Infection in human cases is often believed to be responsible for anemia. It is generally believed that lack of absorption and definite blood destruction are responsible for the anemia.

Accelerated metabolism due to thyroid or dinitrophenol does not modify hemoglobin production in these standard anemic dogs.

Endometritis lasting over many weeks will profoundly reduce the production of hemoglobin in the standard anemic dog.

A sterile abscessalso will diminish the production of new hemoglobin in the anemic dog when liver is being fed but particularly during fasting periods when the usual abundant production of new hemoglobin is reduced to zero.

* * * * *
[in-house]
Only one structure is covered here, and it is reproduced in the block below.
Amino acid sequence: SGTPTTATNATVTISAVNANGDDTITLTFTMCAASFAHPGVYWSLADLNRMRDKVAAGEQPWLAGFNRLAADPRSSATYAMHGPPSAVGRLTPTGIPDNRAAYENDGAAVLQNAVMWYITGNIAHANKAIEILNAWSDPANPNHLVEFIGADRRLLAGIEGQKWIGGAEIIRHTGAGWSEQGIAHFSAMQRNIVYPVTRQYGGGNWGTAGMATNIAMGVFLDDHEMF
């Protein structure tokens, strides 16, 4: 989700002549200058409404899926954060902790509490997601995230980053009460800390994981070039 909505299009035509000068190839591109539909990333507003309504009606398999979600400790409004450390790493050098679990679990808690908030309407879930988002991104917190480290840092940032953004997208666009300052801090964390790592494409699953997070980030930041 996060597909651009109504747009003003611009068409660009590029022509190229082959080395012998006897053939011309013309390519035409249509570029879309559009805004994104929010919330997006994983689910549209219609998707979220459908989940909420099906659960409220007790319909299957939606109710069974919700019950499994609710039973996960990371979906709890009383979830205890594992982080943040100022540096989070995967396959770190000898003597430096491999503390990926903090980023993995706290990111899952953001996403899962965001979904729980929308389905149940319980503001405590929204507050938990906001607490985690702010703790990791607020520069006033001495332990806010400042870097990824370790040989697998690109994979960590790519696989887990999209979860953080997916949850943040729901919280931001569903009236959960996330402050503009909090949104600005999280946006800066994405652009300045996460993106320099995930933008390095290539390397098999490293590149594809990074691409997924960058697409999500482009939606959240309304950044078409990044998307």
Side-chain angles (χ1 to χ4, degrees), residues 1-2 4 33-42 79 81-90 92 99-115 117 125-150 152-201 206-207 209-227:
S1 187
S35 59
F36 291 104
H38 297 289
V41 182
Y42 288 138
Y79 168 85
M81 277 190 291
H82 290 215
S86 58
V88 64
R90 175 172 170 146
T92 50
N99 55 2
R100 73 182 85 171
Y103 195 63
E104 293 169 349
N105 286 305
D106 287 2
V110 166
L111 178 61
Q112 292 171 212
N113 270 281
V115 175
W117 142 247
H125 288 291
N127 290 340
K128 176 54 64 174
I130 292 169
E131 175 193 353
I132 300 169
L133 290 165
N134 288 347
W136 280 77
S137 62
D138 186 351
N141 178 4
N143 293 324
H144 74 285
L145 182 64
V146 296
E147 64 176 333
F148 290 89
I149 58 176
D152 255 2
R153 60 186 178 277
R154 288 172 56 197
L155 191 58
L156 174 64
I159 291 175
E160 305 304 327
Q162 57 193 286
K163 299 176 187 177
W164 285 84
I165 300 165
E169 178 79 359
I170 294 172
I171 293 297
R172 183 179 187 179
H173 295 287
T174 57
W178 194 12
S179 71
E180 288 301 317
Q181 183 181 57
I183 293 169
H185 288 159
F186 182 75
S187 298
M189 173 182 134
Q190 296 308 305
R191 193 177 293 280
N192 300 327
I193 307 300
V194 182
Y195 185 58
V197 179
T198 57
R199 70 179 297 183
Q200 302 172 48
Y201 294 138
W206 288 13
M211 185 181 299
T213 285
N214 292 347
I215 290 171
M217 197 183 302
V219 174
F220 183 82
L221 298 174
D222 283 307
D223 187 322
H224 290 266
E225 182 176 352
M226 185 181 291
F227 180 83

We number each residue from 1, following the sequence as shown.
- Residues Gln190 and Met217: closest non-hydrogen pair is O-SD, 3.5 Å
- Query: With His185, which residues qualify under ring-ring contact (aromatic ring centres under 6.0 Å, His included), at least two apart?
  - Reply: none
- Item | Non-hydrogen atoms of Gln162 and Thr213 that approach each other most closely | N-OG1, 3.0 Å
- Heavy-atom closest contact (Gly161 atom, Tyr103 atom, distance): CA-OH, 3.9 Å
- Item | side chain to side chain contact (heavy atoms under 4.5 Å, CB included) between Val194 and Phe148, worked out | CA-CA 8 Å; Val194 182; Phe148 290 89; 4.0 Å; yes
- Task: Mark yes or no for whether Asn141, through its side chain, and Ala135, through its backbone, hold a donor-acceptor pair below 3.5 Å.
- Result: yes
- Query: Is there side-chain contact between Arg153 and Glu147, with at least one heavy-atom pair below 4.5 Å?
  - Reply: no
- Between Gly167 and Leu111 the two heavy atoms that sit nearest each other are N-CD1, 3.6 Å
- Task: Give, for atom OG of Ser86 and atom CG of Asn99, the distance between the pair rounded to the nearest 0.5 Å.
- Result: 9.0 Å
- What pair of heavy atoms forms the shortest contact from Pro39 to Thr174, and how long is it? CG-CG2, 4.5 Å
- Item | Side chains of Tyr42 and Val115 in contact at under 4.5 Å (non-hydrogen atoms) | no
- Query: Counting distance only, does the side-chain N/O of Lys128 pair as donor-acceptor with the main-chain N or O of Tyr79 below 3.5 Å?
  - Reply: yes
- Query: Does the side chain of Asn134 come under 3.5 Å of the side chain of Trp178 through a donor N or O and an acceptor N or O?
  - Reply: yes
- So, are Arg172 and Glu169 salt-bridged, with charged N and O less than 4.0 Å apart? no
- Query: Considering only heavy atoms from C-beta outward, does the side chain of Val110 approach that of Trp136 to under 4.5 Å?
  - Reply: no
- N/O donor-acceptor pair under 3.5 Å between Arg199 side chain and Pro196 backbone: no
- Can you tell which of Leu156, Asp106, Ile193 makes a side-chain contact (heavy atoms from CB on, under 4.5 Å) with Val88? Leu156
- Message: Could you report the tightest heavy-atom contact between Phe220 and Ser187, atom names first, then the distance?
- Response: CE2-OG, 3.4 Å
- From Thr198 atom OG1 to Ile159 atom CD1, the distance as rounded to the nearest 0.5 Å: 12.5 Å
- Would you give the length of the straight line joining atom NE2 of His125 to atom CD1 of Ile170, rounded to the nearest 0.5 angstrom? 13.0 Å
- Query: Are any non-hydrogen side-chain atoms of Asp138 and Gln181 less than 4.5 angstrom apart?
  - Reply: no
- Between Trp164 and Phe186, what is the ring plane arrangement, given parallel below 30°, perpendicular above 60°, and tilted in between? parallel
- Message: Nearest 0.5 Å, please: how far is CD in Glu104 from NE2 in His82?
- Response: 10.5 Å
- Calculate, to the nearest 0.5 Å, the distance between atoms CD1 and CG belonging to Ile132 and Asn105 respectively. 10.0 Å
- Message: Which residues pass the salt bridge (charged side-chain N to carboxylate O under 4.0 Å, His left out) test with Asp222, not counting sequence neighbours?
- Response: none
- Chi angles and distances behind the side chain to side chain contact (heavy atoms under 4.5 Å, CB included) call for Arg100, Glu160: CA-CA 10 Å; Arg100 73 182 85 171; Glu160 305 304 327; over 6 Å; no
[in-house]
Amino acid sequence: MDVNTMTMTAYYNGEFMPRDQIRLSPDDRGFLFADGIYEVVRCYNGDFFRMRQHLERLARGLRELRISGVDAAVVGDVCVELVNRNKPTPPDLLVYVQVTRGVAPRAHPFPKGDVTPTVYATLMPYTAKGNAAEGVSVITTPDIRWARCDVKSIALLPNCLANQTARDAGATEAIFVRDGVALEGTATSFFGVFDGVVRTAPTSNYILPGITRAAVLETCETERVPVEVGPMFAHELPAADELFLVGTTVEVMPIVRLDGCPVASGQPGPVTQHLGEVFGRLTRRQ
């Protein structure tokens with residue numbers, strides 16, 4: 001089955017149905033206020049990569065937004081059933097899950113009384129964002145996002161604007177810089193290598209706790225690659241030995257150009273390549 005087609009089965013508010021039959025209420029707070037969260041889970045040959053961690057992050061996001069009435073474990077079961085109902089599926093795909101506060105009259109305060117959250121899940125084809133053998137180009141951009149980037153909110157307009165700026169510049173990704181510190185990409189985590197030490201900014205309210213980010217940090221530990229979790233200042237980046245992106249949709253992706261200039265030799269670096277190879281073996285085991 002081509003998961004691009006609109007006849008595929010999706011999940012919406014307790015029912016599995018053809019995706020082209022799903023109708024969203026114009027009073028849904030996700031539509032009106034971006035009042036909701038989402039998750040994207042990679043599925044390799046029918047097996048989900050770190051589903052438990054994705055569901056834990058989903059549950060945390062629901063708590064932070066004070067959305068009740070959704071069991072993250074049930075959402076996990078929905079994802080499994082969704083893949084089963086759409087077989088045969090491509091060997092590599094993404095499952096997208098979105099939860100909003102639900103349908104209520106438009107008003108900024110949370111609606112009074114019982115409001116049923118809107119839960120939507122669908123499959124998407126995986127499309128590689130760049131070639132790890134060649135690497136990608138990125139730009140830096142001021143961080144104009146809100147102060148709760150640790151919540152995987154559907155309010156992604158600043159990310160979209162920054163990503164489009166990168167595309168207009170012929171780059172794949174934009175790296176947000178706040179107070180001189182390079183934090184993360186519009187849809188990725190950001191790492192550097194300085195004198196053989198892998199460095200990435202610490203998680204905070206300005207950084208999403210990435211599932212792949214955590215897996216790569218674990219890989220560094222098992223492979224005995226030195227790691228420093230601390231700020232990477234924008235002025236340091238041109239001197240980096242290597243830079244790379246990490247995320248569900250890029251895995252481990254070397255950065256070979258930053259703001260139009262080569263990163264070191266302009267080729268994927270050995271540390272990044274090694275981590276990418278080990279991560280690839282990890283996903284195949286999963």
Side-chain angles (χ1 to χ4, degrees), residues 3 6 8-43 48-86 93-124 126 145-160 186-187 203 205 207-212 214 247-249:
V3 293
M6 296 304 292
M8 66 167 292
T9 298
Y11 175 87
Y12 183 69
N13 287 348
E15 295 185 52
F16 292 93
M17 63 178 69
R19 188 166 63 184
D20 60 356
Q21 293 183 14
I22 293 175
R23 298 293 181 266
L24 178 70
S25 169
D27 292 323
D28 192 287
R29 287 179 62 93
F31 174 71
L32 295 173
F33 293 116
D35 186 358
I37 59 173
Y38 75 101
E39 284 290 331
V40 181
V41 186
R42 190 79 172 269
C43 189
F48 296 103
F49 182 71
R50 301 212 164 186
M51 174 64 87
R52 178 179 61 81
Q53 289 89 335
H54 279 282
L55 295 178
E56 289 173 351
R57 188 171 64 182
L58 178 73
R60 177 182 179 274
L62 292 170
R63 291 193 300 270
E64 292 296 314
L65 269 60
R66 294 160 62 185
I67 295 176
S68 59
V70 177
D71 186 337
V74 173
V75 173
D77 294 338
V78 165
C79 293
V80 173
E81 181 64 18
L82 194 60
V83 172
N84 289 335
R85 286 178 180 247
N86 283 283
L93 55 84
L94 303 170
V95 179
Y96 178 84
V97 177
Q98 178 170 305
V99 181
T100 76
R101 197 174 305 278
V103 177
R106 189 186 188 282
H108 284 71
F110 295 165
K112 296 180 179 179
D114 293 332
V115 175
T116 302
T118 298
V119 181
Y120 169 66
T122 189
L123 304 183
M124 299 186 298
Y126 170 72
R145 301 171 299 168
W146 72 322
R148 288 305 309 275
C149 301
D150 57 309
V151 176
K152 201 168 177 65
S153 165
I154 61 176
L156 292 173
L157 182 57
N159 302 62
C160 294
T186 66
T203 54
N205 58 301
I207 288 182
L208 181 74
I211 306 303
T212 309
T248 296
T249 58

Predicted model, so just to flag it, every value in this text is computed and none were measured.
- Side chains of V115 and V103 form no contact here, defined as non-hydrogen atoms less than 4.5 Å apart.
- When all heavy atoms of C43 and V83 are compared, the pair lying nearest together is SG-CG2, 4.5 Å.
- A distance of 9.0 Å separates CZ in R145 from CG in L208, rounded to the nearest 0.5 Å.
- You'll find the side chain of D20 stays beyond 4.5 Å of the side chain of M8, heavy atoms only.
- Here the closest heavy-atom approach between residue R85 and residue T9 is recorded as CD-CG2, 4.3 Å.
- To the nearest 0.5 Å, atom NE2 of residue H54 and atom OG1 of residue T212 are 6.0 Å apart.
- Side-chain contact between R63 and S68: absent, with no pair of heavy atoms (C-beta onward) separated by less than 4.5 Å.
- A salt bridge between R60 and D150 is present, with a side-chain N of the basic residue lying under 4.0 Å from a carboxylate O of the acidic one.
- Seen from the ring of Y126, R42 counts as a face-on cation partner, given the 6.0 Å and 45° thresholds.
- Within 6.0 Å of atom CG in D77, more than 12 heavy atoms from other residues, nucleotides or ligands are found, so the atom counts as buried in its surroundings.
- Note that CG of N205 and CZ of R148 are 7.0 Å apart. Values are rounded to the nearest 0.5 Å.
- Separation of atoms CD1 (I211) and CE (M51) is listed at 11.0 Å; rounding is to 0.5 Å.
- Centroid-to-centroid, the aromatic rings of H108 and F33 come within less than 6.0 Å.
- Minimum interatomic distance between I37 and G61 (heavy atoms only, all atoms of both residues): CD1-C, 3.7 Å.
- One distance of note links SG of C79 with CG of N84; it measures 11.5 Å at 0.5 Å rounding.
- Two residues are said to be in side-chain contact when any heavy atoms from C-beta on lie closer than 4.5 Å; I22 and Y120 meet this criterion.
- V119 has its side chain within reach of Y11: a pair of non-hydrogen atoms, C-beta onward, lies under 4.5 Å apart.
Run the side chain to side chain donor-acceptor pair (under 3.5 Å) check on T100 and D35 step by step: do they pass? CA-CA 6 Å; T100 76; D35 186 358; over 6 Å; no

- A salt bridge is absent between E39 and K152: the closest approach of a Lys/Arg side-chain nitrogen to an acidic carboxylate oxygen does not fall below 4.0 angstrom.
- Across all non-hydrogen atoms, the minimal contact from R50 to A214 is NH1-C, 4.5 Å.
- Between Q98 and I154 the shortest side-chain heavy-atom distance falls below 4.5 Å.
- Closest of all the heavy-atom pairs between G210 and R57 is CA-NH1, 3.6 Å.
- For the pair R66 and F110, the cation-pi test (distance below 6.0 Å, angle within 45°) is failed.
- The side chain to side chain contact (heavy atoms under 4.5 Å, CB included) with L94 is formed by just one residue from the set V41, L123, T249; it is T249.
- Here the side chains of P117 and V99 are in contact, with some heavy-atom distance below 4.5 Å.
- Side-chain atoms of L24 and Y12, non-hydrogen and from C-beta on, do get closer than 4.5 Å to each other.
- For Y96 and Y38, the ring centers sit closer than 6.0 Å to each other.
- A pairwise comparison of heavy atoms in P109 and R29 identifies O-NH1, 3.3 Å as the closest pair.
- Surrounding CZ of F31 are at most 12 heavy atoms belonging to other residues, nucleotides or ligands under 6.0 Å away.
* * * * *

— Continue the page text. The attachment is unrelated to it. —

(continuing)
Impaired absorption can be excluded as a factor of any significance in certain experiments given above.

Destruction of red cells can likewise be excluded as of any significance in certain experiments given above.

These experiments point to a disturbance of internal metabolism related to hemoglobin building in the body as responsible for the inhibition of hemoglobin production under these conditions. We believe this same factor is often of importance in human disease.

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